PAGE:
Okay, so this is cheating a bit because these pics are from the 2011 Pride Parade, but it’s not every year that you get to be on an actual float. This year was not nearly as flashy for me. Sorry.
When I think about holidays that actually mean something to me as an American, that are actually important to celebrate, the Gay Pride celebration is on the top of my list, because even though I happen to be straight, this is a day when people stand up for who they are and declare to the world that they are ready and willing to fight for their civil liberties. What is more American than that?
Growing up, my favorite holidays were Halloween and Christmas, mostly because I got to dress up/sing carols and eat lots of sugar-coated food. Since moving to D.C., American holidays have gained so much more meaning. Watching the cyclists from Rolling Thunder gather outside the Vietnam Veterans Memorial on Memorial Day and seeing the Fourth of July fireworks explode over the Washington Monument turns forgotten meaning into a gut-wrenching reality of sacrifice. It’s eye opening to understand how American soldiers are willing to lay down their lives for the idea of freedom. That’s why the timing of Pride between two of our most important holidays is so appropriate: the perfect trio of past struggle colliding with current struggle in celebration of what’s been accomplished and what lies ahead.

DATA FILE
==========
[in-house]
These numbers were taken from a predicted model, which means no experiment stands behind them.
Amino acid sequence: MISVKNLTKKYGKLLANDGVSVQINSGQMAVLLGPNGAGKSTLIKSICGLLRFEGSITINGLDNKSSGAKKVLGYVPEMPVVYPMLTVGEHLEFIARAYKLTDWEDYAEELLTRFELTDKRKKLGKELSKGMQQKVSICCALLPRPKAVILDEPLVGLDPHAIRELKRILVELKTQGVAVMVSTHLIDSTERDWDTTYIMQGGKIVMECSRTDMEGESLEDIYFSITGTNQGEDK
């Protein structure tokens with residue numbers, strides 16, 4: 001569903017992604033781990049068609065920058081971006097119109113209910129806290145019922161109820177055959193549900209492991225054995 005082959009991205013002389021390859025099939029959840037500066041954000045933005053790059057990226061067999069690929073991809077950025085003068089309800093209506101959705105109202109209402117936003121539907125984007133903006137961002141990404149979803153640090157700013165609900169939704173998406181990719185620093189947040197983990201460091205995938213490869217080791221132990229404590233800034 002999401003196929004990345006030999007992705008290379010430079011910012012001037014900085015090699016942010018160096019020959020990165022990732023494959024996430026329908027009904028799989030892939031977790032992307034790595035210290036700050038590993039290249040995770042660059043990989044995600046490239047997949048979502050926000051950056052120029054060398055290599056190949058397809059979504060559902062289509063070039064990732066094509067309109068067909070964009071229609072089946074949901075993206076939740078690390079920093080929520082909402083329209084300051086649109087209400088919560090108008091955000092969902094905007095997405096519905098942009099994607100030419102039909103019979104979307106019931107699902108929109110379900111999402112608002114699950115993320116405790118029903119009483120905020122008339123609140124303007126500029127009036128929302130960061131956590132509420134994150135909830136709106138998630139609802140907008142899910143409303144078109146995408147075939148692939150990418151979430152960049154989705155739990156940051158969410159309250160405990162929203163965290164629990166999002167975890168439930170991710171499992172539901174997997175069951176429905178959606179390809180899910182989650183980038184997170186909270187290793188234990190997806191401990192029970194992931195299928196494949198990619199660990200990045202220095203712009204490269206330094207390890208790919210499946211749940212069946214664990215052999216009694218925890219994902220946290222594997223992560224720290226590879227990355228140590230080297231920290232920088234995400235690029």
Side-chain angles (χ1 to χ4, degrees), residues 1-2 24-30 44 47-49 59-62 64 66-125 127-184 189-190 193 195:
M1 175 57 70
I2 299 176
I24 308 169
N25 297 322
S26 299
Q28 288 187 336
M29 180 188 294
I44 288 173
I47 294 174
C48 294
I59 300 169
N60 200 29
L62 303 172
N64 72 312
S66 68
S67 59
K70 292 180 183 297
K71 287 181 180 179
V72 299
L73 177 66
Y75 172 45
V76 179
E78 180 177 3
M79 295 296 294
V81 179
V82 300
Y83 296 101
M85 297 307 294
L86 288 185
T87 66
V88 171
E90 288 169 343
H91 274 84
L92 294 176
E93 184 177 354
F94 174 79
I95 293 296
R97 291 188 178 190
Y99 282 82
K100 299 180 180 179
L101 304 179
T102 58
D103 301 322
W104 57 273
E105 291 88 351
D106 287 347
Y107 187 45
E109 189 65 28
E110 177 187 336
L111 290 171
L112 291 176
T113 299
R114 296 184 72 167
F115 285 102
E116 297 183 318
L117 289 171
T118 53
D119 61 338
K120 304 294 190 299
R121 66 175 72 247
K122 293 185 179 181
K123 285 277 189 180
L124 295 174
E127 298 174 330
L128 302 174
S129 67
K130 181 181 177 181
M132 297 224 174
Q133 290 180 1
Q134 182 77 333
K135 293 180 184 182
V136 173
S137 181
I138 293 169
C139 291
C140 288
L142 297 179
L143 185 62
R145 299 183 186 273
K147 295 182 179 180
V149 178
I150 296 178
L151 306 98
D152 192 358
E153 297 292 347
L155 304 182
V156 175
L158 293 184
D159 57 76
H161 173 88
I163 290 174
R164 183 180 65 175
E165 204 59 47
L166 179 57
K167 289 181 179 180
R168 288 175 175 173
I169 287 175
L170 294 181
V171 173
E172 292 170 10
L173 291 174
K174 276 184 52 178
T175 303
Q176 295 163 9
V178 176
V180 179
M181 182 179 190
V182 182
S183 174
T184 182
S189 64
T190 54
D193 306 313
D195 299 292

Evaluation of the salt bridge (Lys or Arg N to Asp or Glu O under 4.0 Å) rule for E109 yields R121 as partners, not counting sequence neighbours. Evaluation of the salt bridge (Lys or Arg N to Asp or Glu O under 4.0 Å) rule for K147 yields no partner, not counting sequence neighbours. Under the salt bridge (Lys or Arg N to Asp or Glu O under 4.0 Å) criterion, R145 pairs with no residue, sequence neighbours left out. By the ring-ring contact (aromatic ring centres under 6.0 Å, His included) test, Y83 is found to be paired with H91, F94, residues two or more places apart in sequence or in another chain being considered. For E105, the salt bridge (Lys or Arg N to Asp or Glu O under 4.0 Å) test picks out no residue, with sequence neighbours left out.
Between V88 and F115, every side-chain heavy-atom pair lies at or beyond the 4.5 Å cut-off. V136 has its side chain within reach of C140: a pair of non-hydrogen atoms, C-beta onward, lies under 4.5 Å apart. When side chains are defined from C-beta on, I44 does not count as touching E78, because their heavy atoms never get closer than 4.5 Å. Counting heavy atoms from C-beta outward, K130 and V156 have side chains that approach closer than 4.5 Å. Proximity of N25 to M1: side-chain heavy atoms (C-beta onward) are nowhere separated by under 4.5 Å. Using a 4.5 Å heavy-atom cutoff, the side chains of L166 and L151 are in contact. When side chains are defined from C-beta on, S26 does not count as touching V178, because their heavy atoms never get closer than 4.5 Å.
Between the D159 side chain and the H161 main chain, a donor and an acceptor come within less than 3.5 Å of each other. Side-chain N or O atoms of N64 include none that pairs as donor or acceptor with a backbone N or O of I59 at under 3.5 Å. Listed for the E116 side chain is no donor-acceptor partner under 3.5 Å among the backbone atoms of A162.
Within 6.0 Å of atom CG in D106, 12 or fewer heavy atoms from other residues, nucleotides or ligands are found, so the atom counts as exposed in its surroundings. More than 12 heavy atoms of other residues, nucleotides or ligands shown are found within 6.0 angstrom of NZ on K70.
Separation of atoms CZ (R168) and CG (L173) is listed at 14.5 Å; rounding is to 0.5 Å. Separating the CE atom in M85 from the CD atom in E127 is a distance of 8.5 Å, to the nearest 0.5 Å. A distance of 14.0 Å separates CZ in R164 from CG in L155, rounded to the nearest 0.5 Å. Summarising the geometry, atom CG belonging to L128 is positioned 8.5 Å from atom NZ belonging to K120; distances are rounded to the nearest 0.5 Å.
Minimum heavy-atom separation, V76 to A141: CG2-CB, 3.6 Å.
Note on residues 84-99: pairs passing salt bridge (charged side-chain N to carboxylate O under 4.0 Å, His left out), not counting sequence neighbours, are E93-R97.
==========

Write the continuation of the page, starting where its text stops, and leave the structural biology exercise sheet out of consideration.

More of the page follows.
D.C. is one of only 8 places in the US that legally allows same-sex marriage. Unlike other cities, we are not hindered by the conservative thinking of remote rural towns, which allows us to pass laws that New Yorkers and Bostonians only dream of passing. We are an independent city. We do what we want.
If you believe CNN (never sure that’s a great idea) and Gallup, D.C. is the most liberal “state” in the union, and it shows. This past weekend for Pride, we shut down Pennsylvania Ave all along the National Mall to celebrate our same-sex-loving friends. Thousands of people gathered this year to celebrate, many of them local, but many shipping in from other states as well. It brings out all sorts of people from the leather-clad men in thongs to suburbans families with children, reinforcing the fact that “gay” is not a lifestyle choice.
In fact, I’ve noticed that as our culture gets more accepting and gays are becoming part of the normal mainstream, Pride has gotten tamer. This year there were a lot of church groups in the parade. Families aren’t afraid to come out with their kids. It feels like a festival and not the angry “fight for our rights” that it used to be. America still has a long way to go on this issue, but watching the changes in Washington has given me confidence that it’s moving the right way at a relatively good pace.
Memorial Day reminded me that I’m proud to be an American. Pride reminded me I’m proud to be a Washingtonian.